Nfld. & Labrador

Methadone treatment a challenge outside the Avalon: Andrew Parsons

There's a lack of doctors willing to provide methadone treatment to patients in Newfoundland and Labrador, which means more and more people are stuck on a waiting list.

Steve Kent says work being done on how to expand treatment programs across province

There are more than 1,000 people currently receiving methadone treatment in Newfoundland and Labrador, but public consultations for an an all-party committee on mental health and addiction show the service isn't easily accessed across the province. (CBC)

Liberal MHA Andrew Parsons says there are too many people in Newfoundland and Labrador not getting the treatment they need if they aren't on the Avalon Peninsula.

An all-party committee on mental health and addictions has been holding public meetings and consultations across the province.

Parsons, who is also the Liberal's health critic, said it's become increasingly clear there are people not getting what they need.
Liberal MHA Andrew Parsons says there's a problem getting people access to methadone treatment if the patient is located outside the Avalon Peninsula. (CBC)

While more than 1,000 people in this province receive methadone treatment, which is used to wean people off their addiction to prescription and illegal drugs, many others aren't getting it.

"The number of people that are requiring treatment sort of blew my mind. I wasn't prepared for that," said Parsons.

"It's amazing how many people who are actually on the wait list for treatment and how many people are probably not even on that list and should be. We're talking hundreds and hundreds more."

According to Parsons, there were just 300 or so people receiving methadone treatment in the province just eight years ago.

"We've had in just eight years a 250 per cent increase in the number of people seeking methadone treatment, and that's a pretty scary statistic."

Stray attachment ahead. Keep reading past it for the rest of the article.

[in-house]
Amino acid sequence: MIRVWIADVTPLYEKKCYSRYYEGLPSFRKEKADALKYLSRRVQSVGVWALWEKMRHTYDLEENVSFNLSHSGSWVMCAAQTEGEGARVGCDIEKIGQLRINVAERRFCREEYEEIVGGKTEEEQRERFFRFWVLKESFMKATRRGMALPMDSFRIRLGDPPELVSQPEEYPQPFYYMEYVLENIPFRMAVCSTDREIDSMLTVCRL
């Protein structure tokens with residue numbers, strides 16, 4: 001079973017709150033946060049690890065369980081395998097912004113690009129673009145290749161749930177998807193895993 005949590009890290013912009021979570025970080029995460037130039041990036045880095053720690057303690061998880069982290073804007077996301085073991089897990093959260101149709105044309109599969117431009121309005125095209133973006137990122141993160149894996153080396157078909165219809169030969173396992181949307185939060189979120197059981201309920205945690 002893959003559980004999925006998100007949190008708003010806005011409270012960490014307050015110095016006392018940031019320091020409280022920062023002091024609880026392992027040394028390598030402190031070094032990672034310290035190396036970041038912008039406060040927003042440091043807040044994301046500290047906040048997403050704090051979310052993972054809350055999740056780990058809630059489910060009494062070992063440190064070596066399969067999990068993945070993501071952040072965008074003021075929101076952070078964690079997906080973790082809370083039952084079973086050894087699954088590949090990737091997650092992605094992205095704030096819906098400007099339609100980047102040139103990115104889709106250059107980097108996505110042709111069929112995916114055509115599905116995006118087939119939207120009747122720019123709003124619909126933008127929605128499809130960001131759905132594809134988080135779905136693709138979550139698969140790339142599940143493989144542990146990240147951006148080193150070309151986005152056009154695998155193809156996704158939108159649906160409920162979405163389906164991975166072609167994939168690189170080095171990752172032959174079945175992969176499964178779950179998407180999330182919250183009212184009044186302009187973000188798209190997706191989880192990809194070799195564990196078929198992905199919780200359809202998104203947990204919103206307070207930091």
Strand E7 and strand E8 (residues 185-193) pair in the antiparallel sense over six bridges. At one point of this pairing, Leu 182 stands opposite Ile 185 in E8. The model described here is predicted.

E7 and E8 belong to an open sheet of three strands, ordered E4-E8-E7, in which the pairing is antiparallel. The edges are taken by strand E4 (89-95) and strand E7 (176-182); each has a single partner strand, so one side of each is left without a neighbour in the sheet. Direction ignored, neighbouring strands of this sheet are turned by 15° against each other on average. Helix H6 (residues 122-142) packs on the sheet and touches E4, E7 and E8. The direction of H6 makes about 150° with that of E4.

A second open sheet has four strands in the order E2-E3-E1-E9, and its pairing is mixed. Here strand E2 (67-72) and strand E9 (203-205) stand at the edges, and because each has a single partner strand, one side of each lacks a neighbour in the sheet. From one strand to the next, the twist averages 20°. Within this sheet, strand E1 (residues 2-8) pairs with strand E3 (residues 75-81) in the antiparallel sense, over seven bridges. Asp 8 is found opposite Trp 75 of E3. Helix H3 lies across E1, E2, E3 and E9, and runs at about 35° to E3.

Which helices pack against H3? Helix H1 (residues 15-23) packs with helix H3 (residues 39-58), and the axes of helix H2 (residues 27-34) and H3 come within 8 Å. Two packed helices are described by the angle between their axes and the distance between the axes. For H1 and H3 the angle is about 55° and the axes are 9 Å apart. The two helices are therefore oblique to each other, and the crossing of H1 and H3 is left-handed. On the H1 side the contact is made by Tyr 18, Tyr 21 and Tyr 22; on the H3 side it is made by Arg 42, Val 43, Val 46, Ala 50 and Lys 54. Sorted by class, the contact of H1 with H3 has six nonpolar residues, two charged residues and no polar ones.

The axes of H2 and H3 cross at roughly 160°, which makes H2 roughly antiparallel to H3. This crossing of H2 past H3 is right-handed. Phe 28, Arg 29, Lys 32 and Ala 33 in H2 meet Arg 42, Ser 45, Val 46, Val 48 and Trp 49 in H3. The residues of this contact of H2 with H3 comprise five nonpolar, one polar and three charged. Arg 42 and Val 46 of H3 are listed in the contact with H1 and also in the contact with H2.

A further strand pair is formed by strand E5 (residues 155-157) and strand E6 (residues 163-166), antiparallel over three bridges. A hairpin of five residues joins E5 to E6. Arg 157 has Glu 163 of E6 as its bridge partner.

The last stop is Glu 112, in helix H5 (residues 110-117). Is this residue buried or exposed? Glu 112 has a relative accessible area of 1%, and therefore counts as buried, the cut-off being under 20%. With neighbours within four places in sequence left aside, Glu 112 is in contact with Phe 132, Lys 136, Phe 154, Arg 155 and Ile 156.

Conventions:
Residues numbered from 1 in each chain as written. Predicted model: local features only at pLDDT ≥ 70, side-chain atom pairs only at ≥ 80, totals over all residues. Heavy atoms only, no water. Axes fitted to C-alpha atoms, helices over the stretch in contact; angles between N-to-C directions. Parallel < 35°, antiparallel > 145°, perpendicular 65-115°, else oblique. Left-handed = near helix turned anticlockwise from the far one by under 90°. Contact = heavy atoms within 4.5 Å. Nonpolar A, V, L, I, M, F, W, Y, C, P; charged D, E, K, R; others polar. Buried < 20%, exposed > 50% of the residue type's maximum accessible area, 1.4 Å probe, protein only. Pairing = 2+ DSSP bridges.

He added there's a "lack of access" for patients needing these treatments that aren't located essentially on the Avalon Peninsula.

Not enough doctors willing

Health Minister Steve Kent, who is also on the all-party committee, access to treatment is a big problem and that's something he said the committee heard loud and clear during consultations across the province.

"There are physicians throughout the island that are delivering methadone treatment, but unfortunately none in the Corner Brook area on the west coast, which is a real concern for us," said Kent.
Health Minister Steve Kent says there needs to be more access for patients requiring methadone treatment, particularly on the province's west coast, and government is looking into how to improve delivery of those services. (CBC)

"We need more physicians on the west coast and frankly we need more physicians throughout the province to provide methadone treatment."

However, Kent said that's a challenge because there's a lot of physicians willing to provide methadone treatment to patients.

One doctor in Grand Falls-Windsor makes the trip to Corner Brook to ensure patients there are getting their prescription, he said, but that's not enough.

"A year ago people in the western region had to travel to St. John's to access the service. We've made changes over the past year and as a result there are people in Corner Brook receiving methadone treatment," said Kent.

"We're even bringing in a physicians part time from the central region to provide methadone treatment, but that's not enough."

Kent said government is looking at the possibility of having other healthcare providers, such as nurses, prescribe and dispense methadone to improve access.

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